While the barbell bench press is one of the best strength and muscle builders a lifter can do, it can also be quite damaging to the body. Ask any lifter with several years in the gym, and they’ll almost always tell you to learn how to bench properly first. If you don’t, you could end up suffering a torn pec, chronically inflamed elbows, strained shoulders, or even just fairly drastic muscular imbalances. Read on to learn how to bench properly and make sure none of this happens to you.
If bodybuilders can thank the powerlifting world for anything, it’s for teaching them how to bench properly. Most lifters let their elbows come out wide when they bench, such that their arms end up perpendicular to their torso. However, what you should be doing is as you bring the bar down to your chest, try to tuck your elbows.
You can cue this by mentally acting like you’re trying to “bend” the bar and touch your pinky fingers together. Doing this will take some of the emphasis off the chest and place it on the triceps, but it’s much safer for the shoulders. It also places less stress on the elbows and even lets you put up more weight.
A mistake you see rookie lifters make when they don’t know how to bench properly is performing the eccentric part of the movement too quickly and bouncing the bar off the chest. Instead, lower the bar slowly and explode with it off the bottom.
A good rule of thumb is to keep the negative roughly twice as long as the lifting portion of the movement, but don’t be afraid to spread it out even more. Lowering for 2-4 seconds, then performing the concentric as fast as humanly possible will maximize force production and muscle fiber recruitment. These will then both lead to more muscle and strength being produced.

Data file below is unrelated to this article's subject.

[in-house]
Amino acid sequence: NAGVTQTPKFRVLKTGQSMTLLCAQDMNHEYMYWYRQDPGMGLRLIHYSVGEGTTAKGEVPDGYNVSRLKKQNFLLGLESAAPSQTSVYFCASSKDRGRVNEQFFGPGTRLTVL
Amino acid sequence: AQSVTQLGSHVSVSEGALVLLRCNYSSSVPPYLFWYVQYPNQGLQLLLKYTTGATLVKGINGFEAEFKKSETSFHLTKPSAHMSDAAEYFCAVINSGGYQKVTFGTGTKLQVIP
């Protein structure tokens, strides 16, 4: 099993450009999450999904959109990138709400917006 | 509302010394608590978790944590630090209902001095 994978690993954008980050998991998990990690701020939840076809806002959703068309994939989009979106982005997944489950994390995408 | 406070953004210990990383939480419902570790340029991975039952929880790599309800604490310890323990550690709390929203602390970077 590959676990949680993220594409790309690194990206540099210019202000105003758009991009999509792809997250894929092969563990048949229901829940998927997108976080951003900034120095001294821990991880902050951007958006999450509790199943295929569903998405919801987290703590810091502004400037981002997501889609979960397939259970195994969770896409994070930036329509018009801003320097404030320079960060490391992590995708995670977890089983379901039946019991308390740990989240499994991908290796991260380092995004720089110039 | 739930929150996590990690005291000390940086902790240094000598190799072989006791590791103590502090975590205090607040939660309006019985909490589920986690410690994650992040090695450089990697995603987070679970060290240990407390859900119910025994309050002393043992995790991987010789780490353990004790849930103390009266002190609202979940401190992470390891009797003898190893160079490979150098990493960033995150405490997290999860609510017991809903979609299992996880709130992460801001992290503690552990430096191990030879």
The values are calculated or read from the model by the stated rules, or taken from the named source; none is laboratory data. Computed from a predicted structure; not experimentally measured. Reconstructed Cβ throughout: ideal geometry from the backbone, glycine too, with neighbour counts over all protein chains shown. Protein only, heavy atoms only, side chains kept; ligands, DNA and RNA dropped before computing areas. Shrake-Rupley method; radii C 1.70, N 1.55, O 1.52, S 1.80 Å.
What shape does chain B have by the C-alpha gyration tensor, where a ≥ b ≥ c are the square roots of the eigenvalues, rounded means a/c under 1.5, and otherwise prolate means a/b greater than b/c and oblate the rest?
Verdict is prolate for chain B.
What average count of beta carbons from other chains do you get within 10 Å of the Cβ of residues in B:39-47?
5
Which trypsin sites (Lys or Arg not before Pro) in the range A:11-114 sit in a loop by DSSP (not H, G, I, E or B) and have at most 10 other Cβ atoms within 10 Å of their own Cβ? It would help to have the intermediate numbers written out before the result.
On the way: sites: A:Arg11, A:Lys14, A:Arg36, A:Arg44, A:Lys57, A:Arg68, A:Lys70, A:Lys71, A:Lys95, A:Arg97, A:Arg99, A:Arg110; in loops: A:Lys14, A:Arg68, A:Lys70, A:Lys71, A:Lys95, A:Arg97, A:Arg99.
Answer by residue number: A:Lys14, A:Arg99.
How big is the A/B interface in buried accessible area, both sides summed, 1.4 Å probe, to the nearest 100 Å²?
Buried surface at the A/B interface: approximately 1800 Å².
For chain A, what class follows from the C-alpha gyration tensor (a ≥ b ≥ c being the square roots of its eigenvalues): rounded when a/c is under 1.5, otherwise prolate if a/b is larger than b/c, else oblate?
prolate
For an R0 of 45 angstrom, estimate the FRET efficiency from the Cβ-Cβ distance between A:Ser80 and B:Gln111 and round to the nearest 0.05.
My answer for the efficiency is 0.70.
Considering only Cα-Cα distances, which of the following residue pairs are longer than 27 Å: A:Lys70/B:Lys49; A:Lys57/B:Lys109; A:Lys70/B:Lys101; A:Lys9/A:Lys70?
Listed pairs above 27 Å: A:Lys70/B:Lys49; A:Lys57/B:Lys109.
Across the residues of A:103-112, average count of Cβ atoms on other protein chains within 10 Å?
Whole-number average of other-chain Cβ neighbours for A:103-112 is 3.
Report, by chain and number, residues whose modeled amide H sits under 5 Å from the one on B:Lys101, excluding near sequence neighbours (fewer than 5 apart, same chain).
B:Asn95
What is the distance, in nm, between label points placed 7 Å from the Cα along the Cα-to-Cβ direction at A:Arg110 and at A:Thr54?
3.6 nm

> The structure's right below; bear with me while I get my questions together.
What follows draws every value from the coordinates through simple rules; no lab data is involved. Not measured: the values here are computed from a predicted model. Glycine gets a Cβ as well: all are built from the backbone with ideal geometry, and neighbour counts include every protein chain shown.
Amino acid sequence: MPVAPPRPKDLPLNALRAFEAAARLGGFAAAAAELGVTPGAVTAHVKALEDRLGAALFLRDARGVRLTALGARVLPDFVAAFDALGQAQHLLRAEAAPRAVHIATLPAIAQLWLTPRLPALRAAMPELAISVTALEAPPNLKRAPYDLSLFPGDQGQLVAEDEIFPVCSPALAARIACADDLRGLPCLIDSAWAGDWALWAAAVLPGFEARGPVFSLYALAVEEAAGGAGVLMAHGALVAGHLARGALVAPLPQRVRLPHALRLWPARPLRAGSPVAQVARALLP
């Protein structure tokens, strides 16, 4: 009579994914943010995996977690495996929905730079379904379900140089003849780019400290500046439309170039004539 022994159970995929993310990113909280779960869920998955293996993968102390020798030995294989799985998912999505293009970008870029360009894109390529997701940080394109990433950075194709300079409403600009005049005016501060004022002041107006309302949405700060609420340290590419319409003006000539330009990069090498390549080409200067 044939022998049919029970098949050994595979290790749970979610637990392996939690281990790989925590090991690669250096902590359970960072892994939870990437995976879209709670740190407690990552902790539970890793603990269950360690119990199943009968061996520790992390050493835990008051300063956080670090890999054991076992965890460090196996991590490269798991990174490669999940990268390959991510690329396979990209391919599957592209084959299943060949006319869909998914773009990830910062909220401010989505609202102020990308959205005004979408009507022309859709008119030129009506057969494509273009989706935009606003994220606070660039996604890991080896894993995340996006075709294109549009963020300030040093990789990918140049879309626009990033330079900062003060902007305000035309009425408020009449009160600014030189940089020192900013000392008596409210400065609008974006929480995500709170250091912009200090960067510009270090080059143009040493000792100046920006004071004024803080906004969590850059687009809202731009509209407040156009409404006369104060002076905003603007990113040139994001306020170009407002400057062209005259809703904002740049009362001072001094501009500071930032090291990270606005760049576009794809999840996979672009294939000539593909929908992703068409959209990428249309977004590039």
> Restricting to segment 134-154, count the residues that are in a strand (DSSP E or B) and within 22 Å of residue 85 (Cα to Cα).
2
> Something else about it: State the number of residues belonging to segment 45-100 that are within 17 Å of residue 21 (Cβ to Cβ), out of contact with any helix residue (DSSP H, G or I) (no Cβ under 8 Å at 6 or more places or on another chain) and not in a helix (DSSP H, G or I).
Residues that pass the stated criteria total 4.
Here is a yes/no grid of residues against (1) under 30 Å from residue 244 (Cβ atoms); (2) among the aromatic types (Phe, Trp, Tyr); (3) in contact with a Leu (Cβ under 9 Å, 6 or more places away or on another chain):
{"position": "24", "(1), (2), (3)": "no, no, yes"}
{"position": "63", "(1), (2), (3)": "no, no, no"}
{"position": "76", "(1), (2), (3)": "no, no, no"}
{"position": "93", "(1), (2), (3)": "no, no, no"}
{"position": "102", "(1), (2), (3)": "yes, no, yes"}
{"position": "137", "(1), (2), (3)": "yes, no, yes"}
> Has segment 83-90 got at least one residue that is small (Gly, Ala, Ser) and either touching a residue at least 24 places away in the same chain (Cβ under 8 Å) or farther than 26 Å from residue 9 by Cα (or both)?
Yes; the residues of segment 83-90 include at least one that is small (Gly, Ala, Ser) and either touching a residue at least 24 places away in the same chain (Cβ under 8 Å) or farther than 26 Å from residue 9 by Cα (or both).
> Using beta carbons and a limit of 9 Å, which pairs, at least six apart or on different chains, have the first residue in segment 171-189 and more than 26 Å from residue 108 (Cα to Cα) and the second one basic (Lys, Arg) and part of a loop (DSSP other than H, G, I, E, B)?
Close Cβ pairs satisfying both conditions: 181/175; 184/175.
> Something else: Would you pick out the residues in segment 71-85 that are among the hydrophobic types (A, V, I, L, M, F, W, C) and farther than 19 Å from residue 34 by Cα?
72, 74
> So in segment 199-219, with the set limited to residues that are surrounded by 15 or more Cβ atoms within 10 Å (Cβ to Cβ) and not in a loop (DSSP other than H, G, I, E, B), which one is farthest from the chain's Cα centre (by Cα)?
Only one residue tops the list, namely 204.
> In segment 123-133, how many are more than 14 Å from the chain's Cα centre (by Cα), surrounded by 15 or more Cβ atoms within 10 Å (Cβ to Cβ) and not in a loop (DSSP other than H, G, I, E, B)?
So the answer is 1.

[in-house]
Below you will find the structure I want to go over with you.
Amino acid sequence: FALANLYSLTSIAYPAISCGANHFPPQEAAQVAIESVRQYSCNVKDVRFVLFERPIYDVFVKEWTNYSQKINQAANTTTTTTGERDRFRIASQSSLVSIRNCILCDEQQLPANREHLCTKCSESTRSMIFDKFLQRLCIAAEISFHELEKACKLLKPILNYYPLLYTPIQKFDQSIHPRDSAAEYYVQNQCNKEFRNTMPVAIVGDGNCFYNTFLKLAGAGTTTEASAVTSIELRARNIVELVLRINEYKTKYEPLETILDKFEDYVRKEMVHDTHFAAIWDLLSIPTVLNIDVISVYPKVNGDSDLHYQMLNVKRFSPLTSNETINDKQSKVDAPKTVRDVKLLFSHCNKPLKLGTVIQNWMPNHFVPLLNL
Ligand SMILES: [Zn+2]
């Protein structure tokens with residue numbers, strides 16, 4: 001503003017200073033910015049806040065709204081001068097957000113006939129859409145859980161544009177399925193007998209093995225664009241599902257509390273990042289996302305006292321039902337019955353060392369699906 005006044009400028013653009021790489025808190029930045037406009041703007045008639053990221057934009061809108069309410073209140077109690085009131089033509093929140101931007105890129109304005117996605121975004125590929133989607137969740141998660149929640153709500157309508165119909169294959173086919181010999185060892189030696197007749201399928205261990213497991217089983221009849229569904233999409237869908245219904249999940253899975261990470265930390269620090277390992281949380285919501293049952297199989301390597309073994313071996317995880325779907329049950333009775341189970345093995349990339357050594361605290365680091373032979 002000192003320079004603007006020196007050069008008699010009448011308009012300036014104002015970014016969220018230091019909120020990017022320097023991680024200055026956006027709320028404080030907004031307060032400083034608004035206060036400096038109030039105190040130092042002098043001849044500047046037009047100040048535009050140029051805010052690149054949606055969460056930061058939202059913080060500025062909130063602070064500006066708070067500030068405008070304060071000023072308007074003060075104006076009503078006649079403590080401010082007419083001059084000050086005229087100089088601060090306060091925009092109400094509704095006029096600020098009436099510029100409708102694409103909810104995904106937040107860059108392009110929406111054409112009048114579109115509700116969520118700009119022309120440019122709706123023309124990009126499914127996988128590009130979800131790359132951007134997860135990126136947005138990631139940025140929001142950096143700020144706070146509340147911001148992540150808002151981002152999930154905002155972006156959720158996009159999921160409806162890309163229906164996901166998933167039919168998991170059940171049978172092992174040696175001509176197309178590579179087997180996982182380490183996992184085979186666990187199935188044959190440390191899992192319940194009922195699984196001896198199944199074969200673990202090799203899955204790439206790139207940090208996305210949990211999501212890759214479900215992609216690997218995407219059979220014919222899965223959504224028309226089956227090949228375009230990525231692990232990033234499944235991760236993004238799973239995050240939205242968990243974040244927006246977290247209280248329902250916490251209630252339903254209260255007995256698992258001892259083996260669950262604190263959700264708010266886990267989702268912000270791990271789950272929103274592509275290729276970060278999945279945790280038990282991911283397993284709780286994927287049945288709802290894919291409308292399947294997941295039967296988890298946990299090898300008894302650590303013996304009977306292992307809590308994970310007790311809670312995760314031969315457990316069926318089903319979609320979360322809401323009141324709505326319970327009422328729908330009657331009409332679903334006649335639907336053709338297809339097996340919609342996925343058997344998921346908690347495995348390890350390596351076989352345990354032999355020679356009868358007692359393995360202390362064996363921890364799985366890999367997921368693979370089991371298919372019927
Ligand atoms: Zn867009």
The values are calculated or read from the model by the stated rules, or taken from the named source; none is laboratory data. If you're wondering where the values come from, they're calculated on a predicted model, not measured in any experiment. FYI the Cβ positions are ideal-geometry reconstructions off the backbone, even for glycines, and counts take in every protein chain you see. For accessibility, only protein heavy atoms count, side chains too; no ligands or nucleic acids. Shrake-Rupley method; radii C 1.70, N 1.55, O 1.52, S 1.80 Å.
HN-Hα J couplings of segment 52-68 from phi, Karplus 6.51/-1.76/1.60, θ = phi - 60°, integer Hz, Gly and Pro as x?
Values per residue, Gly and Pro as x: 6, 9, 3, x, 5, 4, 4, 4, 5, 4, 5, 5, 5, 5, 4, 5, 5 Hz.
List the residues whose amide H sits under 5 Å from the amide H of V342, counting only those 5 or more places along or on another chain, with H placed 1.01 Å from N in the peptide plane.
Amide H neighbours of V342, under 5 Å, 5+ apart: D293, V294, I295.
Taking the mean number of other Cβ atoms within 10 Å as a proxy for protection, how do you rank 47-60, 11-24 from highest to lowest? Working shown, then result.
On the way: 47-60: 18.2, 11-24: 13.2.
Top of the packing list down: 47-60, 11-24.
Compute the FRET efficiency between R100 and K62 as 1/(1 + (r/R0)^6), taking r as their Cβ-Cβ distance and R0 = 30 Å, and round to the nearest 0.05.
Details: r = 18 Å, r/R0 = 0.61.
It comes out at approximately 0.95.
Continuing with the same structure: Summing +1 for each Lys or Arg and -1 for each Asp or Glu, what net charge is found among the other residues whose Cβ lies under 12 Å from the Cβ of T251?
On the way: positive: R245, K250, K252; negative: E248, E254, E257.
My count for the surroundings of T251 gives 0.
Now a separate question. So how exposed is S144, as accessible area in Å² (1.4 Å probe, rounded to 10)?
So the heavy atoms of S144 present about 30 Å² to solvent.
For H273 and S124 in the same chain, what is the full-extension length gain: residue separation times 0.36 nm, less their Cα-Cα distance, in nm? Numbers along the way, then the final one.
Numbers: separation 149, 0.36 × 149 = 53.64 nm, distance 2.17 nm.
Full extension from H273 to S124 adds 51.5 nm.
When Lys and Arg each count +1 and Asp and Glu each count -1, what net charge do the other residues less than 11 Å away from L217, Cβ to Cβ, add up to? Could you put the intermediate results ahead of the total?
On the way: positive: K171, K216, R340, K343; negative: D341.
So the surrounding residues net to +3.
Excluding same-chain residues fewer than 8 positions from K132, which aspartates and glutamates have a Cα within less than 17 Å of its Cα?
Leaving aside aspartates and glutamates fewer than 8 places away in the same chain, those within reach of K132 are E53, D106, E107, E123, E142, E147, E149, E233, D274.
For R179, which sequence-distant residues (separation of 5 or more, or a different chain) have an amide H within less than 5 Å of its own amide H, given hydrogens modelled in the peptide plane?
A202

Before you unrack the bar, be sure your shoulders are retracted as much as possible. In fact, focusing on squeezing your shoulder blades together before starting your set is a great idea. There are two main reasons for this.
The first is because keeping your shoulders retracted will result in a more stable shoulder girdle as a whole. This then allows you to use more weight. The other is that if your shoulders are able to roll “forward” (in relation to your torso), there’s too great of a chance that the front delts will be engaged. This takes tension off the pecs and can result in muscular imbalances forming.
This is wise advice for any movement, but more so for the bench press. Too many lifters get caught up in ego battles with their gym buddies, trying to lift entirely too heavy before they adequately know how to bench properly. It might be a blow to the ego to not pile the weight on as fast, but the long-term gains will be worth it. If nothing else, you’ll be the one later on that’s still making gains while your old gym pals are laid up with nagging injuries because they didn’t take the smarter approach.
Bench pressing doesn’t have to be complicated. As long as you’re using good form with your elbows tucked, shoulders retracted, proper rep speed, and aren’t trying to lift more than you’re capable of, you’ll have a long, successful gym career. You can not only avoid injury, but also won’t have to be one of those guys who has to ice his elbows for two days after every chest workout. Just remember that a little bit of mental discipline now will result in a lot of physical development later.